IBM announced Friday plans to deliver Linux-only zSeries and iSeries systems targeted at users managing large server farms who are eager to consolidate Linux applications on to one system.
The move by IBM to offer Linux-only servers is also an attempt to woo customers away from Sun Microsystems.
Last year, IBM pledged to spend $1 billion on Linux and now offers Linux on all of its servers, but these are the first Linux-dedicated servers from IBM.
"The idea of a Linux-only system isn't necessarily a novel idea," said Bill Claybrook, Aberdeen Group's research director for Linux and open source software.
But, it isn't a bad one, either.
"You'd have to be on Mars not to know how serious IBM is about Linux," said Claybrook. "But, a lot of this is directed at competing with Sun. IBM is trying to make it cost effective to users who have a lot of front end servers to make it attractive to move onto one of their machines. But, Sun isn't going to sit still."
The zSeries offering for Linux consolidates from 20 to hundreds of Sun and Intel servers and bringing the level of service, security, performance to an entirely new class of customers, according to Susan DeKeukelaere, program director for Linux for zSeries Marketing. Utilizing the mainframe's ability to create hundreds of virtual Linux servers on a single physical box, saves customers substantially on energy, floor space, and maintenance expense.
IBM also announced plans to deliver what it said is an aggressively priced Linux server specifically for small and medium-sized businesses. The iSeries offering for Linux uses IBM's advanced "partitioning" technology and can consolidate up to 15 standalone Linux and Windows servers onto a single physical server. It supports the SuSE and Turbolinux distributions of Linux and includes an installation wizard for rapid deployment.
Both servers are intended for infrastructure applications such as firewall, Web serving, file and print serving, and mail serving and are expected to be available by the end of March.
"I think what's going to be attractive to customers, particularly mainframe users, said Claybrook, is the potential for cost savings."
Adding new engines to OS/390 servers can skyrocket the cost of operating the system because software licensing fees are upped every time a new engine is added, regardless if that engine is being used for those mainframe apps, said DeKeukelaere. This kind of pricing policy doesn't exist with Linux application software.
Although IBM is banking on an increase in Linux applications for all their servers and said it is putting forth great effort to promote the development of Linux-based software with their (Independent Software Vendors) ISV's, Claybrook doubts that the iSeries user will see as much benefit from a Linux-only server as the mainframe user.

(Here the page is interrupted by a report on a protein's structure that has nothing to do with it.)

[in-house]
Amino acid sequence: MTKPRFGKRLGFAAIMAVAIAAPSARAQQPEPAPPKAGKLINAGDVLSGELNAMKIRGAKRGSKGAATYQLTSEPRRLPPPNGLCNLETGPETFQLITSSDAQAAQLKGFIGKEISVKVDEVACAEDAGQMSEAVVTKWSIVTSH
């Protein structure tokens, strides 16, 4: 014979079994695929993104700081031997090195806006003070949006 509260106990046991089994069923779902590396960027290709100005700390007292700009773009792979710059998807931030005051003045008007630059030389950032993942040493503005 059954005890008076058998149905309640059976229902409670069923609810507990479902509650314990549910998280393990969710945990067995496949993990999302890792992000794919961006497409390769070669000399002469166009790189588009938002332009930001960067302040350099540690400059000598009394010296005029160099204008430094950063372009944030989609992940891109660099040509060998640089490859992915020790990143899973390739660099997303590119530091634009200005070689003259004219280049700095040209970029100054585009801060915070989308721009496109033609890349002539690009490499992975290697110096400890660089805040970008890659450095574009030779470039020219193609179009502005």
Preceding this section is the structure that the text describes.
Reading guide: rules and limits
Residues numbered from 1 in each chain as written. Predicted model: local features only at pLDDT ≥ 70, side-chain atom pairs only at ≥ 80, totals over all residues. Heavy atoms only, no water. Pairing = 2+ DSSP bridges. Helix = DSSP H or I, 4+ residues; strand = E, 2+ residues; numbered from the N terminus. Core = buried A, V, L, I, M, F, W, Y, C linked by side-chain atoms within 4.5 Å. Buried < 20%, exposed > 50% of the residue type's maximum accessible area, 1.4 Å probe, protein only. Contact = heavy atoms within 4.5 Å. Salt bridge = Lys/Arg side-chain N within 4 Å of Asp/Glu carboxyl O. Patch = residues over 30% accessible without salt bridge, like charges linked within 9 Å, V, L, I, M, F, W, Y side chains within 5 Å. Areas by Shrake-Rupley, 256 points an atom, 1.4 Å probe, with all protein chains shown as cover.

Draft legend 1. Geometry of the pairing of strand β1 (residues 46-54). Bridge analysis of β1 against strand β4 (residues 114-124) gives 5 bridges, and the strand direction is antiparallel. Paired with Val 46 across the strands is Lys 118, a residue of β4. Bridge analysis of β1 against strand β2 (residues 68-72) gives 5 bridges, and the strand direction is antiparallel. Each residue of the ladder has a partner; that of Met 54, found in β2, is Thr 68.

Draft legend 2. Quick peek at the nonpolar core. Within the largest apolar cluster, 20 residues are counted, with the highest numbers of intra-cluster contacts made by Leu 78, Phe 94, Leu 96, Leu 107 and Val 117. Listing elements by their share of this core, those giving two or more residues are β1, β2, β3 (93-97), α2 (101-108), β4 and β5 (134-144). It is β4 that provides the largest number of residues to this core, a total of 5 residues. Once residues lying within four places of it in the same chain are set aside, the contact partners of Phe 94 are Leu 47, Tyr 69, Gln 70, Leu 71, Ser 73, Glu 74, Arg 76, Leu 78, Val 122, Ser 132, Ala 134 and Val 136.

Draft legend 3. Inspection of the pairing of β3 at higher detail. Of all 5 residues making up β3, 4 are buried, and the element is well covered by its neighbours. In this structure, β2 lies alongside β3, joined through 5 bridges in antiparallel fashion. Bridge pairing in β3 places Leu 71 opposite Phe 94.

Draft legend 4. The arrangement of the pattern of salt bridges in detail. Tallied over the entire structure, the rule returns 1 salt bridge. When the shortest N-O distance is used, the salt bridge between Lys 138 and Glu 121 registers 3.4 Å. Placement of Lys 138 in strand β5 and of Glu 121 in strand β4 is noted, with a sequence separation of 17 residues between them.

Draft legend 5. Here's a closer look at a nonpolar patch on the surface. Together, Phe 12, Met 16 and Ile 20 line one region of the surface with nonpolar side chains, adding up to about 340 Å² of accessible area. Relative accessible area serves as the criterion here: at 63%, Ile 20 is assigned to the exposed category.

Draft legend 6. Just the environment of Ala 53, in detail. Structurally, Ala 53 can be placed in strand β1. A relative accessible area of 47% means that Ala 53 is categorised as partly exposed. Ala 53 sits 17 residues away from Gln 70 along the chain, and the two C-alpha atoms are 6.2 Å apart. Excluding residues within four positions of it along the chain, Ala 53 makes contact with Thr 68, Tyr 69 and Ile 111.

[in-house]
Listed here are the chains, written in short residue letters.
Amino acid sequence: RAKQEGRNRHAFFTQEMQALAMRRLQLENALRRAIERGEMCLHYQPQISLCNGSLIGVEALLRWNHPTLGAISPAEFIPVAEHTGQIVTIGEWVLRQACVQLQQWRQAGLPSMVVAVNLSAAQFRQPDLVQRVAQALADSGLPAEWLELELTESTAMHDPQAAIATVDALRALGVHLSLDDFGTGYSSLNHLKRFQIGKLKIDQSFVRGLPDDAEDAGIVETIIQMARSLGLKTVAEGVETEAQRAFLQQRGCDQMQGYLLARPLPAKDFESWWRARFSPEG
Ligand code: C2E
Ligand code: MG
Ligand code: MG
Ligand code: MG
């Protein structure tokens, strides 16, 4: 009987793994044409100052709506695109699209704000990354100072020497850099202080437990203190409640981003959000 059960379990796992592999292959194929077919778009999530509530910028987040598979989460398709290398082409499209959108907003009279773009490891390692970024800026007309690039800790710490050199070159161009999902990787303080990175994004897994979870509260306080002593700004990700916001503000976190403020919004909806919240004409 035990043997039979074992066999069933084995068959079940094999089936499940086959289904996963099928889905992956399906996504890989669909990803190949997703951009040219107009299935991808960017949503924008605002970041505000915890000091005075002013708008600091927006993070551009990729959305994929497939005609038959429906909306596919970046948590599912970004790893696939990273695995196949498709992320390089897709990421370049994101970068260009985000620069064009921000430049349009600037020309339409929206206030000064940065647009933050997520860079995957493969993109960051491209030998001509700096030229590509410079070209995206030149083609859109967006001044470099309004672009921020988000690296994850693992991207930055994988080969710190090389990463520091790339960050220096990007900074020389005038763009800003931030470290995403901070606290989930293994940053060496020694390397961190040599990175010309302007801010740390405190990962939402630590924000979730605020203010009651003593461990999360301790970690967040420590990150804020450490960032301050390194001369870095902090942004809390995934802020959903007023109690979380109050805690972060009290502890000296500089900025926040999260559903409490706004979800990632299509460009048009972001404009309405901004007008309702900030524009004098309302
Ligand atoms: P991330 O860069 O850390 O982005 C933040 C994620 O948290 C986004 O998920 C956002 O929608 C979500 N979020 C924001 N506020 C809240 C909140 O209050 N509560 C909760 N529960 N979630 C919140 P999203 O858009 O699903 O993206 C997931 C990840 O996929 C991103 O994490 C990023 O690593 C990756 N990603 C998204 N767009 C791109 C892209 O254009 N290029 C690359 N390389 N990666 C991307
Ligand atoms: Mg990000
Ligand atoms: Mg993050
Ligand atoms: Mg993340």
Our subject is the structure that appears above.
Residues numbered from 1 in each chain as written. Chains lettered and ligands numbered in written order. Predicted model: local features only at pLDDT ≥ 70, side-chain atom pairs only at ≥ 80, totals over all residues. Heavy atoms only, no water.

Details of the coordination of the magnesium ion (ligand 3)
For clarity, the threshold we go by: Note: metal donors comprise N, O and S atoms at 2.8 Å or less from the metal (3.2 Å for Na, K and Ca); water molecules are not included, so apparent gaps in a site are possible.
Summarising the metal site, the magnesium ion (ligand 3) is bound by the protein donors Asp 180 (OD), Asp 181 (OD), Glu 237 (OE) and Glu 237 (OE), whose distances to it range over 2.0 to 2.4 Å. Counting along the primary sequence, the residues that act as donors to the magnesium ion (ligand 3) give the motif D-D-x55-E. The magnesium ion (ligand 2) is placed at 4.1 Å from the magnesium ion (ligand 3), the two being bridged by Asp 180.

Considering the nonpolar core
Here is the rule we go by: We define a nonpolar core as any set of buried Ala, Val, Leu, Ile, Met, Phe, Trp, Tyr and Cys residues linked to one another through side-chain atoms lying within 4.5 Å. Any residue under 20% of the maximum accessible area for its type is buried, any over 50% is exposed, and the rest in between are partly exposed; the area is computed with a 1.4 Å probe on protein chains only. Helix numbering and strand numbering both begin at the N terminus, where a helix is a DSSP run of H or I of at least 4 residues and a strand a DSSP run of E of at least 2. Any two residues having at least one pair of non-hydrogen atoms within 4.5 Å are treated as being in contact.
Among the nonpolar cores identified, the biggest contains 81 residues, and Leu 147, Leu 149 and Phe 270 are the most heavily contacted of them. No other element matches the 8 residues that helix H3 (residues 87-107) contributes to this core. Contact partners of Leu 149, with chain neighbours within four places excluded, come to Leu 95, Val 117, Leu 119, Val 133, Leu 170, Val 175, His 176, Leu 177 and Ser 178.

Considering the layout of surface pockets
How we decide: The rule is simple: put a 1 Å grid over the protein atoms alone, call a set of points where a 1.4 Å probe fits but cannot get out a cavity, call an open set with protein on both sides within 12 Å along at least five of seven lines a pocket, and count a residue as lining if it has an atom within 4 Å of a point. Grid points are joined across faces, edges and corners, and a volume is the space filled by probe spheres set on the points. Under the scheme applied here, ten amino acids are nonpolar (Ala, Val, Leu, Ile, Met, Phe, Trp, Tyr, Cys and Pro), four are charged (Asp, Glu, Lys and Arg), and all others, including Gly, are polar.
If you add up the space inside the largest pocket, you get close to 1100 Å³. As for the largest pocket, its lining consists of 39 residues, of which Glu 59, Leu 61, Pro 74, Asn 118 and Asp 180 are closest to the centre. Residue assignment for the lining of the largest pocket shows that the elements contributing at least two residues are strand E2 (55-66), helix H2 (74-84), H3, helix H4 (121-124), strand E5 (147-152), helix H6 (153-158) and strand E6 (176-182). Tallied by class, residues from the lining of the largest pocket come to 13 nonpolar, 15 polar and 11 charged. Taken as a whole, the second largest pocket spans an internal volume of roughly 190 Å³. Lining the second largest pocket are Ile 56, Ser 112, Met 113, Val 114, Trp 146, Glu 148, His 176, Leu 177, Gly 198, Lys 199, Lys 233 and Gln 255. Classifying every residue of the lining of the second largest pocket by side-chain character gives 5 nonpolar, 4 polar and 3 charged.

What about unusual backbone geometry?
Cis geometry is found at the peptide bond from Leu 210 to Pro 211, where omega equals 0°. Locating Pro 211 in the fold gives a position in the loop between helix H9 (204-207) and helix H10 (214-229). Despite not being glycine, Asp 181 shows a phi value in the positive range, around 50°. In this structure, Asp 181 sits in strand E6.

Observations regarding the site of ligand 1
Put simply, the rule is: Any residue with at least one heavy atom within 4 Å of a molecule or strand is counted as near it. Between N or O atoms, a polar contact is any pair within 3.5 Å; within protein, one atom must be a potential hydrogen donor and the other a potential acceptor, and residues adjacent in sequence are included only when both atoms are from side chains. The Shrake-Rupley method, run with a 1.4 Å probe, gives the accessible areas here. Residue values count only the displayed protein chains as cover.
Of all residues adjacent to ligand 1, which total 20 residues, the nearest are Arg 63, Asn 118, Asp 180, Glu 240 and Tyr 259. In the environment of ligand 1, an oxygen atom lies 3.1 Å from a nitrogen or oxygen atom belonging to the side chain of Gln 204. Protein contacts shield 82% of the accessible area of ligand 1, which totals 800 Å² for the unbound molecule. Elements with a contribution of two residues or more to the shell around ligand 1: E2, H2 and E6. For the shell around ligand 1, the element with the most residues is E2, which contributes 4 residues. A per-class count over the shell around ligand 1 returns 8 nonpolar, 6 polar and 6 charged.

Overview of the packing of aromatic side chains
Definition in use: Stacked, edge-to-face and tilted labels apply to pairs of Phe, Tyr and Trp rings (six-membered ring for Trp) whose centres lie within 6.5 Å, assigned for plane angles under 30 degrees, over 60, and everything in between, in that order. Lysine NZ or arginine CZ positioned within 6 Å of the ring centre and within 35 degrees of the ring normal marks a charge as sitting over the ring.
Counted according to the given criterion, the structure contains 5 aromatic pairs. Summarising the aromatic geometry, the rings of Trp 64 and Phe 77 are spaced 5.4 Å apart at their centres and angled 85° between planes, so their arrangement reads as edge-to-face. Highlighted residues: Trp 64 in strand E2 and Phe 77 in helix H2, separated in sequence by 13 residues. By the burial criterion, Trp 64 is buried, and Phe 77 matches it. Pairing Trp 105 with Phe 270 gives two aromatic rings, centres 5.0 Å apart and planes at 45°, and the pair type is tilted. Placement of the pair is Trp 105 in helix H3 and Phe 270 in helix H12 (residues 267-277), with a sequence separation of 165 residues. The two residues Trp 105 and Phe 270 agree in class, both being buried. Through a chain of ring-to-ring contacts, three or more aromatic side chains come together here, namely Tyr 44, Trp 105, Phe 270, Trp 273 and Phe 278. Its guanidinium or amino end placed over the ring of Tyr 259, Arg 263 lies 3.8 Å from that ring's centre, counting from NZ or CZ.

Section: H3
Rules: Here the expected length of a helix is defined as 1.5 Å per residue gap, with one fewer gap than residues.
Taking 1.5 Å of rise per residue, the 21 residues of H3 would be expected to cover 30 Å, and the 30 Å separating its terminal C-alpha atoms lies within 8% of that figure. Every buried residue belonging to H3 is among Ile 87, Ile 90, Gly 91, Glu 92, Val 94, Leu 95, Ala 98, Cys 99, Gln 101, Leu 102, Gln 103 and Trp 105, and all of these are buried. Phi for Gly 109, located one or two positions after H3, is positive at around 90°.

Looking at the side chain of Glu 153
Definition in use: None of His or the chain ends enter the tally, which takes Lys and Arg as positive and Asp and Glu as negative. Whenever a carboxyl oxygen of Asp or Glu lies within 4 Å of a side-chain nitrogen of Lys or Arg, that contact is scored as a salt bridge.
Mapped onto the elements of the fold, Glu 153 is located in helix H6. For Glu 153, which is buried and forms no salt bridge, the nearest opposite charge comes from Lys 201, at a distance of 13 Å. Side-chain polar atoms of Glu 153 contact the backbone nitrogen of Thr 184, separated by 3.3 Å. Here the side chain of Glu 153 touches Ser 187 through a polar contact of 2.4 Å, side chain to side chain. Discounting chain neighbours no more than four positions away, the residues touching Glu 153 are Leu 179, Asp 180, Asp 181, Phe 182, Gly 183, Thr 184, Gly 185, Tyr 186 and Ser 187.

"These systems are going to be the best deal for the zSeries users," said Claybrook. "These people were already moving from those Sun servers and Web servers over to Linux. On the iSeries -- I don't know how many people are going to go out and buy an iSeries to do Linux consolidations unless there's a really good cost reason to do it.The zSeries allows users to run hundreds of copies of Linux, while on the iSeries, the number of Linux copies s is limited by the number of partitions, said Claybrook. "You max out at 15," he said. "From that standpoint, it's less interesting."
But Lennie Boroigh, senior program manager, iSeries product marketing said he thinks the pricing, as well as the desire to consolidate, will lure customers to a Linux-only iSeries server.
"We're very aggressive in the pricing," he said. "We can offer customers a better way to manage and control their servers at a real attractive price point. If you have 10 or 15 Linux apps on Wintel, why worry about how to manage it? You could buy one of these and run up to 15 Linux servers in these partitions. We've modified the current operating system, V5R1, to make this almost a turnkey system."
IBM did not disclose its pricing of the new servers.
Boroigh did stress that the company's strategy with the Linux-only systems is to target users looking to consolidate Linux applications. "We're targeting our efforts at Linux consolidation workloads, not the OS/400 [or the OS/390]."
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